• Up-to-date understanding of SEO best practices and how to implement them at the ground level.

In-house teams – even those stacked with marketing talent – may not have the experience or specialized knowledge that a dedicated SEO company brings to the table. To get a similarly knowledgeable and skilled in-house team, you need to shell out a lot of money on talent acquisition, onboarding and retention.

That’s to say nothing of the fact that SEO best practices are never set in stone.

The digital landscape (not to mention Google’s search algorithms) is constantly changing. Do you really have the time and energy to keep tabs on all the latest developments when you have other marketing tasks to attend to?

Granted, we may be a little biased here, given we’re a content marketing agency and all. But don’t just take our word for it. SEO expert Bruce Clay is similarly skeptical that an in-house team can really find the time to keep pace with the rapid rate of change in the SEO world.

“It’s crucial to stay current with the latest SEO methodology – that’s very time-consuming, though,” Clay stated. “It requires several hours a day that a solo in-house SEO probably doesn’t have. A consultant can be a powerful ally, filling in the gaps by mentoring and guiding an in-house SEO.”

SEO work is highly specialized, so it’s best to stick with the dedicated professionals than burden your marketing team with jobs they’re just not suited for.

How do you determine if an SEO company is good?

It goes without saying that cost is going to be a major consideration when choosing an SEO agency.

Past customer experiences are a good indicator of what you can expect from your own vendor relationship, so look for as many customer reviews as you can find.

If you know other companies in your industry that have worked with certain SEO agencies, ask them about their experience.

Better yet, conduct some research of your own to see if those businesses have actually benefited from their SEO providers.

Every SEO firm you speak with is going to tell you that they can boost your search rankings, site visibility, organic traffic, etc., but be sure to actually see some evidence that they can deliver on those promises. If you’re presented with too-good-to-be-true case study numbers, insist on breaking down exactly what the vendor did and how it led to those results.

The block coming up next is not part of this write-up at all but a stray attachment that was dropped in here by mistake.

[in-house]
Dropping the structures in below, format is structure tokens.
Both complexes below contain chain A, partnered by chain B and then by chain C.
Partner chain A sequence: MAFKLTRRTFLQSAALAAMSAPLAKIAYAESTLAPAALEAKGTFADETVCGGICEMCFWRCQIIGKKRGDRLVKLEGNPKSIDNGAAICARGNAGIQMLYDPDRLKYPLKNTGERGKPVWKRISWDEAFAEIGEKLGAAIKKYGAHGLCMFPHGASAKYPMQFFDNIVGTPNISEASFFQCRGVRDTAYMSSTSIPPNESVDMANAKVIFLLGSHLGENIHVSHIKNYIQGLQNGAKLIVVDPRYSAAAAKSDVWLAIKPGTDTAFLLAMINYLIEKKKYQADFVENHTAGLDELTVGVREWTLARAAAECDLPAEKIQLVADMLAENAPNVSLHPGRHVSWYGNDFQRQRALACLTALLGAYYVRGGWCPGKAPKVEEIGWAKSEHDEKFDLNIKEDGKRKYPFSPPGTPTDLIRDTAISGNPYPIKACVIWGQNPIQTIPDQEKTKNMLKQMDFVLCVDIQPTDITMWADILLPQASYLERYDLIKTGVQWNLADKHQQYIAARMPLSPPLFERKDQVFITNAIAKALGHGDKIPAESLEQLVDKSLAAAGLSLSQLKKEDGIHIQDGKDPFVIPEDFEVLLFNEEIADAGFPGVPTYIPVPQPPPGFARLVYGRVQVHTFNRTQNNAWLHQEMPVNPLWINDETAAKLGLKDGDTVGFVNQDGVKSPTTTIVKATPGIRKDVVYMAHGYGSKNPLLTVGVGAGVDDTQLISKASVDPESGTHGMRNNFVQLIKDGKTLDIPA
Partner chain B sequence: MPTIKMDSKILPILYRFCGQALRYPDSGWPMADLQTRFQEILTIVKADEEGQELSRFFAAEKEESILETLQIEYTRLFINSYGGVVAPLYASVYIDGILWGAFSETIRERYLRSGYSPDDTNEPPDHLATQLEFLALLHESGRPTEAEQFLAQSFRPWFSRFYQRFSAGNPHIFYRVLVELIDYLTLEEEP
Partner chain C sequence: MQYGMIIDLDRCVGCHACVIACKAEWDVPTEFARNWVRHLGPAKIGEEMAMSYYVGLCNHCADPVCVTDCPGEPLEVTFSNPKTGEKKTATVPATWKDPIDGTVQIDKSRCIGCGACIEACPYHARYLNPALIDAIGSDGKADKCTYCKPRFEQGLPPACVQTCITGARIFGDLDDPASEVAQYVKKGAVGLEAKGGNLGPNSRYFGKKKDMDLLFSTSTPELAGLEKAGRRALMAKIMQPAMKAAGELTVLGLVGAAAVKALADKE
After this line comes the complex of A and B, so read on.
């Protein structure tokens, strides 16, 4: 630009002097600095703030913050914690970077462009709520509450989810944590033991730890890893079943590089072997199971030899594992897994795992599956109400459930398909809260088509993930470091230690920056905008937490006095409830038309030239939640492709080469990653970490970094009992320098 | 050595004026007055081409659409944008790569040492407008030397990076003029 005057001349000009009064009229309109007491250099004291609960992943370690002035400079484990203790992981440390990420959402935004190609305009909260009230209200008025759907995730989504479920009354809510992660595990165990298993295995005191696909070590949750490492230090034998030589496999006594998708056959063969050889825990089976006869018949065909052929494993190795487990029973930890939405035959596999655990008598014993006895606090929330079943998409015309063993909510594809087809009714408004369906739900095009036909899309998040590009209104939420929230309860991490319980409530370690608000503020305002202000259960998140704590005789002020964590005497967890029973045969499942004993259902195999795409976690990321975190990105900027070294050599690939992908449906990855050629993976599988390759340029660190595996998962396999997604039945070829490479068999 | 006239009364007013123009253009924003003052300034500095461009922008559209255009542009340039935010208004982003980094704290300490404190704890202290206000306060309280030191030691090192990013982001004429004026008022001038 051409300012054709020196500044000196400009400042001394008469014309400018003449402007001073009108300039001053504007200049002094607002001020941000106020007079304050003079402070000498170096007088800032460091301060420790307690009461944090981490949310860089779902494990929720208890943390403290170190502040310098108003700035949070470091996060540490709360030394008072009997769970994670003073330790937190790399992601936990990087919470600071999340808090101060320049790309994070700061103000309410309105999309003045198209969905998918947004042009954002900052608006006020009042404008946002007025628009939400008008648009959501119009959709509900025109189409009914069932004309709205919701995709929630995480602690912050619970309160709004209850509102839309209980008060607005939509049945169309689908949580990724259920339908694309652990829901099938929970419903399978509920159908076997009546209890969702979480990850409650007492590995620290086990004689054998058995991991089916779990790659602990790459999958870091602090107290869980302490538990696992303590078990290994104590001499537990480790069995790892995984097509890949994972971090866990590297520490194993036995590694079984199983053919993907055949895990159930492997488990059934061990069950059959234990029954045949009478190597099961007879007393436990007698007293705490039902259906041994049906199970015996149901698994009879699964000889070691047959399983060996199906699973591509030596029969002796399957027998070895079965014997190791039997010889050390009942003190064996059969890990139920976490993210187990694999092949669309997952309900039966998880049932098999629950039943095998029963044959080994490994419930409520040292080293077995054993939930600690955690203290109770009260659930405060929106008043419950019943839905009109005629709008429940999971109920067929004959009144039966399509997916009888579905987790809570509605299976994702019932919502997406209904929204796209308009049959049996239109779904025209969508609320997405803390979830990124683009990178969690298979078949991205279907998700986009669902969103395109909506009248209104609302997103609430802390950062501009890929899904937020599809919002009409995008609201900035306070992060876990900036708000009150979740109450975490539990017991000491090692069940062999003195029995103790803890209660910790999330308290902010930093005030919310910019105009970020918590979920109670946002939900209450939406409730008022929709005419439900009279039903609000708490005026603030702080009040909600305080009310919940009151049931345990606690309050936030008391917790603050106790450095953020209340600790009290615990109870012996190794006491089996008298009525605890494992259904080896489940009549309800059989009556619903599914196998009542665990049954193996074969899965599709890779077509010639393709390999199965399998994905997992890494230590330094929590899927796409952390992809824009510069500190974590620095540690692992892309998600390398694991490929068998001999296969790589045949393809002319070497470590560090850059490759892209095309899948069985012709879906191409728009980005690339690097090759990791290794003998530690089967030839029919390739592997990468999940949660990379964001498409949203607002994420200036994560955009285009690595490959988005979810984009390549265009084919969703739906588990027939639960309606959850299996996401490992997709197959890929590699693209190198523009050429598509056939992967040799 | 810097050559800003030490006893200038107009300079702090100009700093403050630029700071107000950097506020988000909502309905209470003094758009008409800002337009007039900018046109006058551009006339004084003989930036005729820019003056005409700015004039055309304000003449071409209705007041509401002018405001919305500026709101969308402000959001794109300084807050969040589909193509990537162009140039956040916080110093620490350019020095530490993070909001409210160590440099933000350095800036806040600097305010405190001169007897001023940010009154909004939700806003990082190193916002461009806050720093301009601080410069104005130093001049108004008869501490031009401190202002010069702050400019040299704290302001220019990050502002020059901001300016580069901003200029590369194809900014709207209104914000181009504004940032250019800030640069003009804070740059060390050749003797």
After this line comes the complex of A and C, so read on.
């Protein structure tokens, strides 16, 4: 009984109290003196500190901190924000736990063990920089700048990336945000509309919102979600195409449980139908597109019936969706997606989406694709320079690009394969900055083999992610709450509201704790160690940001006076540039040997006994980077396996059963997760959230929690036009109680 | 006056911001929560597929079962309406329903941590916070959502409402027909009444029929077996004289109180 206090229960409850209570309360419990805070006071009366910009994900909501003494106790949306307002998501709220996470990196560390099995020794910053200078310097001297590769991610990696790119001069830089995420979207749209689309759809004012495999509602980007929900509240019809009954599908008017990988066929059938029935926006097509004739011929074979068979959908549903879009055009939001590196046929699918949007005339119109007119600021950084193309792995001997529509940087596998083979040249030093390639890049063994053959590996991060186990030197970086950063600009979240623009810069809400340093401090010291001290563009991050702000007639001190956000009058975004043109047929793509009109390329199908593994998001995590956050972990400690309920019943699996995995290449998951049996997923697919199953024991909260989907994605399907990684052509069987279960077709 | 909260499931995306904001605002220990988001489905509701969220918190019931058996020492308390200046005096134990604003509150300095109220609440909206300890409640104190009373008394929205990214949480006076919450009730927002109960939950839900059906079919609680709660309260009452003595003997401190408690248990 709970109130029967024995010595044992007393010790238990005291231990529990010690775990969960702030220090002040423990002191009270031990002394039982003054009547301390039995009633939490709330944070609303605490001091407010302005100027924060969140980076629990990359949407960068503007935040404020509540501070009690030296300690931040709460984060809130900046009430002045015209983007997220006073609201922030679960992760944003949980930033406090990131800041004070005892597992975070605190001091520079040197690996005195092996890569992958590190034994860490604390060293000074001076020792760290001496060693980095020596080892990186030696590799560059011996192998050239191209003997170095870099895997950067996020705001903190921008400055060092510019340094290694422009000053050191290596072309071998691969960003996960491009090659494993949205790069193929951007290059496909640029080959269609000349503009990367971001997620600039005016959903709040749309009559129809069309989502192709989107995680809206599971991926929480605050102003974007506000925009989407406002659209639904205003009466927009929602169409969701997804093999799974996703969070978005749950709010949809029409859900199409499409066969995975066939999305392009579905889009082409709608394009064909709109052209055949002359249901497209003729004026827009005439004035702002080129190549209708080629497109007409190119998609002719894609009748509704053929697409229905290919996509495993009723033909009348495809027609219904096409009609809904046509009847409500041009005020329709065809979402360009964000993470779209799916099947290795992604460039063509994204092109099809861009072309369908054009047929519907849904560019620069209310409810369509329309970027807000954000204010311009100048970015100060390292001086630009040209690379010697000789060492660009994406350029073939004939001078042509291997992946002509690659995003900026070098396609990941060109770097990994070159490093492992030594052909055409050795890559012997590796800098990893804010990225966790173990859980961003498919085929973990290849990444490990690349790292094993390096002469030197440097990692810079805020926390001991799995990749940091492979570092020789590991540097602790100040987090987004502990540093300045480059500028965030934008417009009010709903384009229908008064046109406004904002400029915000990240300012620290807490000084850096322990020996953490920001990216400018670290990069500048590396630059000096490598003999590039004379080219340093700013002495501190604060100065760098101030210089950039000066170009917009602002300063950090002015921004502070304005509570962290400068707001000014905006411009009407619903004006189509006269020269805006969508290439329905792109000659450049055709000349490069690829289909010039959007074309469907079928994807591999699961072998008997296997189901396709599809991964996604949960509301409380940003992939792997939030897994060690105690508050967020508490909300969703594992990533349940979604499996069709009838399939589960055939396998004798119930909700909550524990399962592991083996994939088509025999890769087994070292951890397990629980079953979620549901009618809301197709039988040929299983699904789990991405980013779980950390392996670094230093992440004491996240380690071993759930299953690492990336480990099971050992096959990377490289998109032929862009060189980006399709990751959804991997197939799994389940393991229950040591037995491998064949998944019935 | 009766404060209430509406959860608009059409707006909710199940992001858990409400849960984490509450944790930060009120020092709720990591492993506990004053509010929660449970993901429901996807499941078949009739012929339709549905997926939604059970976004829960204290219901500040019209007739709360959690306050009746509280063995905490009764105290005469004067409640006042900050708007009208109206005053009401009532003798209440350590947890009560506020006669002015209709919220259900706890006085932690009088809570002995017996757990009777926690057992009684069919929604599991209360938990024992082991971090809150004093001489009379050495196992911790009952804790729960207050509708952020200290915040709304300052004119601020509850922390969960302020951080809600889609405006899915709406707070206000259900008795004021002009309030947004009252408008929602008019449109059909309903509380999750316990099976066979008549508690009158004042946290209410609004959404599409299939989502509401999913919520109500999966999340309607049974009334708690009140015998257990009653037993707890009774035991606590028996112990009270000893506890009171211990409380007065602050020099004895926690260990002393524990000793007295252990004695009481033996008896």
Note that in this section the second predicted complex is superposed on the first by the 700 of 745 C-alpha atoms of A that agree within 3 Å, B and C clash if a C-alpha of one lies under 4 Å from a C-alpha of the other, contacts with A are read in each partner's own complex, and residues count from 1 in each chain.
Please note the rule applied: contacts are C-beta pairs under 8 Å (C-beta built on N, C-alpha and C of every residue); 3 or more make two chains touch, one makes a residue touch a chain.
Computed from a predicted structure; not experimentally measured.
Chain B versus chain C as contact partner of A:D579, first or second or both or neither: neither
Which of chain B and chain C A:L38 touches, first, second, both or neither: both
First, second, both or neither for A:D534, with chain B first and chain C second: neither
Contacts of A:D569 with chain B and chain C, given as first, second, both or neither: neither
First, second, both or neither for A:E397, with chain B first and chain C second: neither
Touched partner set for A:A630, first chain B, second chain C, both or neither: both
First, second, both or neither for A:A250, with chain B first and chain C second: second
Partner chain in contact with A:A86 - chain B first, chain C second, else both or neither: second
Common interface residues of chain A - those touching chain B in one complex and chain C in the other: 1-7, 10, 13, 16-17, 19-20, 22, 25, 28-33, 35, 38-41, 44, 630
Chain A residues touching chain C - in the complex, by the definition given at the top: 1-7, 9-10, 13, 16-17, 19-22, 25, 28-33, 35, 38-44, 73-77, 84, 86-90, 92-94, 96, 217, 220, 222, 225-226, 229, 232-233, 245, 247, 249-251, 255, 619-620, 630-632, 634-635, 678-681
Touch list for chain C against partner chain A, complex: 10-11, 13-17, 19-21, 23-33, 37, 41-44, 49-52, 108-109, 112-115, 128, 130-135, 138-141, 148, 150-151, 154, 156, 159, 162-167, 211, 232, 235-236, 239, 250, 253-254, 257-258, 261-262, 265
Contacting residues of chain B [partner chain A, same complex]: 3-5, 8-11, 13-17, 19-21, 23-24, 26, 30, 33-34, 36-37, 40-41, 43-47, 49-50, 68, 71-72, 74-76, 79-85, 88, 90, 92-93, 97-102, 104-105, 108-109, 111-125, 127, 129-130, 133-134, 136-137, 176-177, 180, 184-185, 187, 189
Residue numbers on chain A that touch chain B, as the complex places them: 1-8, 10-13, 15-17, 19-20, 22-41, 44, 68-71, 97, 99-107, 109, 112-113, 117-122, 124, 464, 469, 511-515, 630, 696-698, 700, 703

If you can, set up a consultation session where the vendor runs a site analysis and pitches a plan to improve your search ranking figures.

You’re looking for an expert partner; there’s no reason qualified candidates shouldn’t be able to give you a data-driven roadmap to increase your brand’s digital visibility.

What are some red flags to watch out for when looking for an SEO agency?

Time and time again, the same warning signs creep up during the vetting process. If you don’t know what to look out for, though, you may miss them, and wind up saddled with a bad contract with an even worse SEO firm.

Keep an eye out for these red flags:

  • They overpromise: SEO agencies aren’t miracle workers. If a company continually makes bold claims, like guaranteeing a page 1 (or better) ranking for specific search terms, they’re likely making promises they can’t deliver on.
  • They can’t (or won’t) explain their methodology: Knowledgeable SEO experts can show their work; they’ll be able to explain how they produced positive results for past customers and give you a reasonable plan of action of how they’d tackle your own project. It’s not asking too much to get that info during the vetting process.
  • They use black hat SEO tactics: There are a lot of nefarious SEO strategies out there – buying links, keyword stuffing, engaging in negative SEO against the competition. Believe it or not, but some vendors will use these methods. Black hat SEO isn’t just unethical; it could get you removed from Google’s search index. While some business owners may be enticed by the promise of getting a few quick wins, it’s better to stick with white hat SEO tactics that can produce results that are just as good.
  • They can’t tie SEO to your business goals: All the metrics SEO companies chase (organic traffic, search engine ranking, click-through rates, etc.) are just a means to an end. Taken by themselves, they don’t mean a whole lot to your company’s bottom line. Be sure that your vendor can show you how their SEO strategies will result in better sales, more revenue and benefits that actually help grow your business.

It can take a fair amount of research to find the right SEO consultant or agency for your business, but it’s absolutely worth the effort. A good SEO company can deliver fantastic results at a fraction of the cost of an in-house team – and with fewer headaches, to boot. Before you sign an SEO contract, do your homework, vet each candidate thoroughly and scrutinize every outlandish claim you hear, and you’ll do just fine.

Jeff Keleher is a writer and editor at Brafton. A man of simple tastes, he enjoys playing guitar, playing video games and playing with his dog - sometimes all at once. He still hasn't gotten over Illinois' loss in the 2005 NCAA National Championship game, and he probably never will.